Summer is a serious, hard-working time of year in southern Africa. Chilly mornings and bright, clear days define this hemisphere's winter months when school is in session and young minds are focused. That made it a perfect time for U.S. Embassy Harare and the Bureau of Educational and Cultural Affairs to bring five American writers from the University of Iowa's prestigious International Writing Program to workshop and discuss the power of books with Zimbabwean youth.
The writers, representing a wide variety of literary styles, including poetry, journalism, novels, and short stories, started their program by speaking about their craft and inspirations at writing workshops and literary readings in the capital of Harare. To liven up one evening, they turned a reception at the Deputy Chief of Mission's residence into an impromptu poetry slam. Zimbabwean poets performed in English and Shona, while the Iowa Writers read from their own work. Even our Deputy Chief of Mission joined in with a rousing rendition of Judge Noah Sweat's "Whiskey Speech," a monument to Southern oratory and political doubletalk, according to the diplomat.
Early the following morning, our team hit the road to Masvingo, a town 300 kilometers south of Harare, for the Youth Cultural Arts Festival (YOCAF). At YOCAF, the group led discussions with young Zimbabwean students, dramatists, and journalists on the festival's 2012 theme, "The Power of the Pen." In light of Zimbabwe's turbulent political history over the last 10 years, this gathering and its workshops were truly daring and courageous. In the words of one festival organizer, "young Zimbabweans must express themselves despite existing restrictions on free speech."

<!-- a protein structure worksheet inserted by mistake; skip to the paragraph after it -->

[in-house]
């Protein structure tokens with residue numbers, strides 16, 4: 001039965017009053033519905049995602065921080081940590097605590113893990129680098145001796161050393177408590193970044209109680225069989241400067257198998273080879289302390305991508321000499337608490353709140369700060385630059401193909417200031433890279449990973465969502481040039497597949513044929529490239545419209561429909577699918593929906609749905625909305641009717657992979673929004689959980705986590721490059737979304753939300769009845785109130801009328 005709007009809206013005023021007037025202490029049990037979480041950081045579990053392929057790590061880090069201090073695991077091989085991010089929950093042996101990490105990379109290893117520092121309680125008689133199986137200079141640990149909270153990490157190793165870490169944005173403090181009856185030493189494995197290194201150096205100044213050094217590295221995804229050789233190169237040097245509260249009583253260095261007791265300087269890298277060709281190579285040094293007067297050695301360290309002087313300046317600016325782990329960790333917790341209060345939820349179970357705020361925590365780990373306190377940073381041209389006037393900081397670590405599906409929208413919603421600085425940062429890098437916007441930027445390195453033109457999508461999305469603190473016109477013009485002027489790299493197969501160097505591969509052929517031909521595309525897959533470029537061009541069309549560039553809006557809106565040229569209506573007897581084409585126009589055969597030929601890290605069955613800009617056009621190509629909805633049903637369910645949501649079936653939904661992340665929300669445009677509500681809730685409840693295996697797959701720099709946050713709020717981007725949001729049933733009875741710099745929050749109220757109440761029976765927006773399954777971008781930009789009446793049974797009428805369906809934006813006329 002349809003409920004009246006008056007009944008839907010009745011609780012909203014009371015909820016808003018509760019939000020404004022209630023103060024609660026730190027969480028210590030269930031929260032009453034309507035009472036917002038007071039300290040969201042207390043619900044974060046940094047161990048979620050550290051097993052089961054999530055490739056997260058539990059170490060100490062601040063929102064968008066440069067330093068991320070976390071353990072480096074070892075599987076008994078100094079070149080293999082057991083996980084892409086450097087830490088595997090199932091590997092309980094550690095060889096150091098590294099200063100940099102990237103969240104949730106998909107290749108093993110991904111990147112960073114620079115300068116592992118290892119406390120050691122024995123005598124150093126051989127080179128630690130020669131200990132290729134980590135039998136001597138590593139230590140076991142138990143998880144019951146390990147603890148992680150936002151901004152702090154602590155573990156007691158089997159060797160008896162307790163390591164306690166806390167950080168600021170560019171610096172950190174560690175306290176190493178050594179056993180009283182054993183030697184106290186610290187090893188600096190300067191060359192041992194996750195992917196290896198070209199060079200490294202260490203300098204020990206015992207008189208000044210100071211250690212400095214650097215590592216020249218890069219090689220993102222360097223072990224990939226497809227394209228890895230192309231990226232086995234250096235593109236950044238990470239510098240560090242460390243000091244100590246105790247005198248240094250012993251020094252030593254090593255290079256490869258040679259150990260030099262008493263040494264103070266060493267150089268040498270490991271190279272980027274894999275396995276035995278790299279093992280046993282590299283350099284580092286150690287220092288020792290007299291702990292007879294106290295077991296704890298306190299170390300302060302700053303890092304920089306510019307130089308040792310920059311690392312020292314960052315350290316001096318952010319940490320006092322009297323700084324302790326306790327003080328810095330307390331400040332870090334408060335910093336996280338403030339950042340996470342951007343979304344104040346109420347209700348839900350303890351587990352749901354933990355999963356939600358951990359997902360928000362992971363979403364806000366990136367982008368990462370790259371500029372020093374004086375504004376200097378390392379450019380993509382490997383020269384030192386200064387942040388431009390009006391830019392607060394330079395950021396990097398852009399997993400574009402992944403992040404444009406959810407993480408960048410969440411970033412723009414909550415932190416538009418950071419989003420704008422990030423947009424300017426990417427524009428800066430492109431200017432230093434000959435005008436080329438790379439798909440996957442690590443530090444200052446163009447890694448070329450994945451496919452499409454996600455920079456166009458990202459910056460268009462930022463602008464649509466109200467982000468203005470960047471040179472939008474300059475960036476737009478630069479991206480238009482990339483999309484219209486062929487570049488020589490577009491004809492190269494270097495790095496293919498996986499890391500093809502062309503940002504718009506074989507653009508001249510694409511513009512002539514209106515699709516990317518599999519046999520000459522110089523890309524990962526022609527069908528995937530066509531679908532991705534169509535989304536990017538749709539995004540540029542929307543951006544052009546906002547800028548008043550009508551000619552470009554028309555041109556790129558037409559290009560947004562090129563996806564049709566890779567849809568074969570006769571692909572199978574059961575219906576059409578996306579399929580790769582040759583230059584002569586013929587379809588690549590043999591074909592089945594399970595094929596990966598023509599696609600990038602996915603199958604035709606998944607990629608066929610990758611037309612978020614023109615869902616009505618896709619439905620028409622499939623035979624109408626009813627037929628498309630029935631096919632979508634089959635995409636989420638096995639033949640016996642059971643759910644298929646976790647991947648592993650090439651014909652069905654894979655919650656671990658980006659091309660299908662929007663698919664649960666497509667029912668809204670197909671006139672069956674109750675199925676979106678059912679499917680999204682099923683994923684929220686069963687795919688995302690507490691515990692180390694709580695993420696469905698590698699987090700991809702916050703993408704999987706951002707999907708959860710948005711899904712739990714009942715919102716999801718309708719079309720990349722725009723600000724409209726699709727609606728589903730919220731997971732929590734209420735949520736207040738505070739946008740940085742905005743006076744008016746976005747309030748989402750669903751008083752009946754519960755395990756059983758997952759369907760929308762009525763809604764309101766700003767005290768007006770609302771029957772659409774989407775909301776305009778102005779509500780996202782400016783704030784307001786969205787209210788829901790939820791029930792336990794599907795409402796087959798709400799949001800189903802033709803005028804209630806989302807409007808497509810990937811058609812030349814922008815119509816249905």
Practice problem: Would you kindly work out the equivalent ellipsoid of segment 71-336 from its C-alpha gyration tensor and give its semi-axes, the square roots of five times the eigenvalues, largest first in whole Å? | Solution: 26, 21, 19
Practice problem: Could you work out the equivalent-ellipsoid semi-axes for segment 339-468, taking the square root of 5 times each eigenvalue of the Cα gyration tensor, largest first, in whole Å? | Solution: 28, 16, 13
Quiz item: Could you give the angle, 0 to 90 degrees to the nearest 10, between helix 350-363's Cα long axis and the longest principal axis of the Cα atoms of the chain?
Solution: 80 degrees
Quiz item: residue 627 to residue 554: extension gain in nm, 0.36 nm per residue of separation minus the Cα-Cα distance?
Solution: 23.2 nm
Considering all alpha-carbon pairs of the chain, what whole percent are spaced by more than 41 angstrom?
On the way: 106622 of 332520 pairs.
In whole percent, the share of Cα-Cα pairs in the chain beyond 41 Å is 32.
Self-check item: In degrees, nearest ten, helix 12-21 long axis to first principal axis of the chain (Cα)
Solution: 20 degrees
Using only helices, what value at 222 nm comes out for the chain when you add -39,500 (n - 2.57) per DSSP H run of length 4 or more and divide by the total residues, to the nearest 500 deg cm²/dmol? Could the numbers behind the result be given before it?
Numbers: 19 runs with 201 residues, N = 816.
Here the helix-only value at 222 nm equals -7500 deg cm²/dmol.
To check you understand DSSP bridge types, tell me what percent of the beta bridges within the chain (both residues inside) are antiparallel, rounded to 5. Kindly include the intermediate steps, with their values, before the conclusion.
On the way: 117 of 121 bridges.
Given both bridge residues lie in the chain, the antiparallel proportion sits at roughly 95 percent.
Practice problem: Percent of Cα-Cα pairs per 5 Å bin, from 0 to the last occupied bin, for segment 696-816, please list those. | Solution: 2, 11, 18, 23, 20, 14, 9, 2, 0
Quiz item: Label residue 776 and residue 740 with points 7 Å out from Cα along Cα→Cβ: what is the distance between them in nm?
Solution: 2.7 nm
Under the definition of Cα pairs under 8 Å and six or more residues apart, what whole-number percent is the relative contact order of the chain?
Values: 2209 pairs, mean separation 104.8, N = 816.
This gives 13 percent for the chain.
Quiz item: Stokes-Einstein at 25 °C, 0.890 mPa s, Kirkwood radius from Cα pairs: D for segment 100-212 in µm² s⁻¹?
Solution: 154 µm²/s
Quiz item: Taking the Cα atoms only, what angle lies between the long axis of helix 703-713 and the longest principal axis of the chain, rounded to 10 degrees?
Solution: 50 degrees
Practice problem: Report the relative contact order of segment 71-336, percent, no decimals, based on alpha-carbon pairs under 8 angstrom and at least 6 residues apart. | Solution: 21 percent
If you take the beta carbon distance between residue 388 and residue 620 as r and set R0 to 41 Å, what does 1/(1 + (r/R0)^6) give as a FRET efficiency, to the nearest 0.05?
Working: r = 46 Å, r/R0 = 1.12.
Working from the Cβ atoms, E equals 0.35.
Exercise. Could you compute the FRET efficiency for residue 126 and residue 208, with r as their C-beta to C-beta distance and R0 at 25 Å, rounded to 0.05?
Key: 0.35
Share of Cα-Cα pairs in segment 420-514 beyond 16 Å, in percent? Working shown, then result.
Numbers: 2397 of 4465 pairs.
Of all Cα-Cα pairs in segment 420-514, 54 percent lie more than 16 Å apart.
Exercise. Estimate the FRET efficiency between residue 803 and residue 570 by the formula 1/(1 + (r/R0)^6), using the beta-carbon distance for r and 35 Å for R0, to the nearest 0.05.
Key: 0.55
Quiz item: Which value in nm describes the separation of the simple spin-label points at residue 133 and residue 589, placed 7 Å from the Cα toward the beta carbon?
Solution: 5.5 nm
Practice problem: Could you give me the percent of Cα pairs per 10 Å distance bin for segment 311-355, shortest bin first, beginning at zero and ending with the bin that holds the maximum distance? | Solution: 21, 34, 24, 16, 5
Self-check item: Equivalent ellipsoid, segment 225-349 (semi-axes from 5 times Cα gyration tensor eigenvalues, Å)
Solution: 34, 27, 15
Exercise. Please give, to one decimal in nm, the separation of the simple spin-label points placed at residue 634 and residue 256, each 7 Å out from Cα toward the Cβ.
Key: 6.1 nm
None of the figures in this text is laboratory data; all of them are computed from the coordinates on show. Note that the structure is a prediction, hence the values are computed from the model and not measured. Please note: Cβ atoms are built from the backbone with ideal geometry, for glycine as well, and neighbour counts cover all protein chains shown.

Masvingo security officials, in true form, disagreed with the YOCAF director's remarks. As a justification for their obvious presence at nearly all of the festival events, plain-clothes security forces cited "security concerns" over YOCAF youth forums, performances by members of Zimbabwe Poets for Human Rights, and a performance of the election drama "No Voice, No Choice." Despite the tense atmosphere, YOCAF events continued as planned, and the Iowa writers held nothing back as they spoke with packed audiences about challenges in journalism and the writer's obligation to the truth. Zimbabwean YOCAF attendees were no less courageous: at a drama workshop, students wrote and performed a play criticizing the Zimbabwean diamond mining industry.
Both the Iowa writers and the Zimbabweans felt renewed by their interactions and exchange of views. One novelist likened his experience to a high striker carnival game, saying that he'd seen the "hammer of free speech come down so hard that it rang the bell at the top," and that he felt confident "young Zimbabweans were so inspired that there was no turning back from this point." While his optimism will likely not spark an immediate social transformation, this cultural exchange was public diplomacy at its finest: passionate Americans and Zimbabweans sharing a love of literature, powerful idealism, and free speech.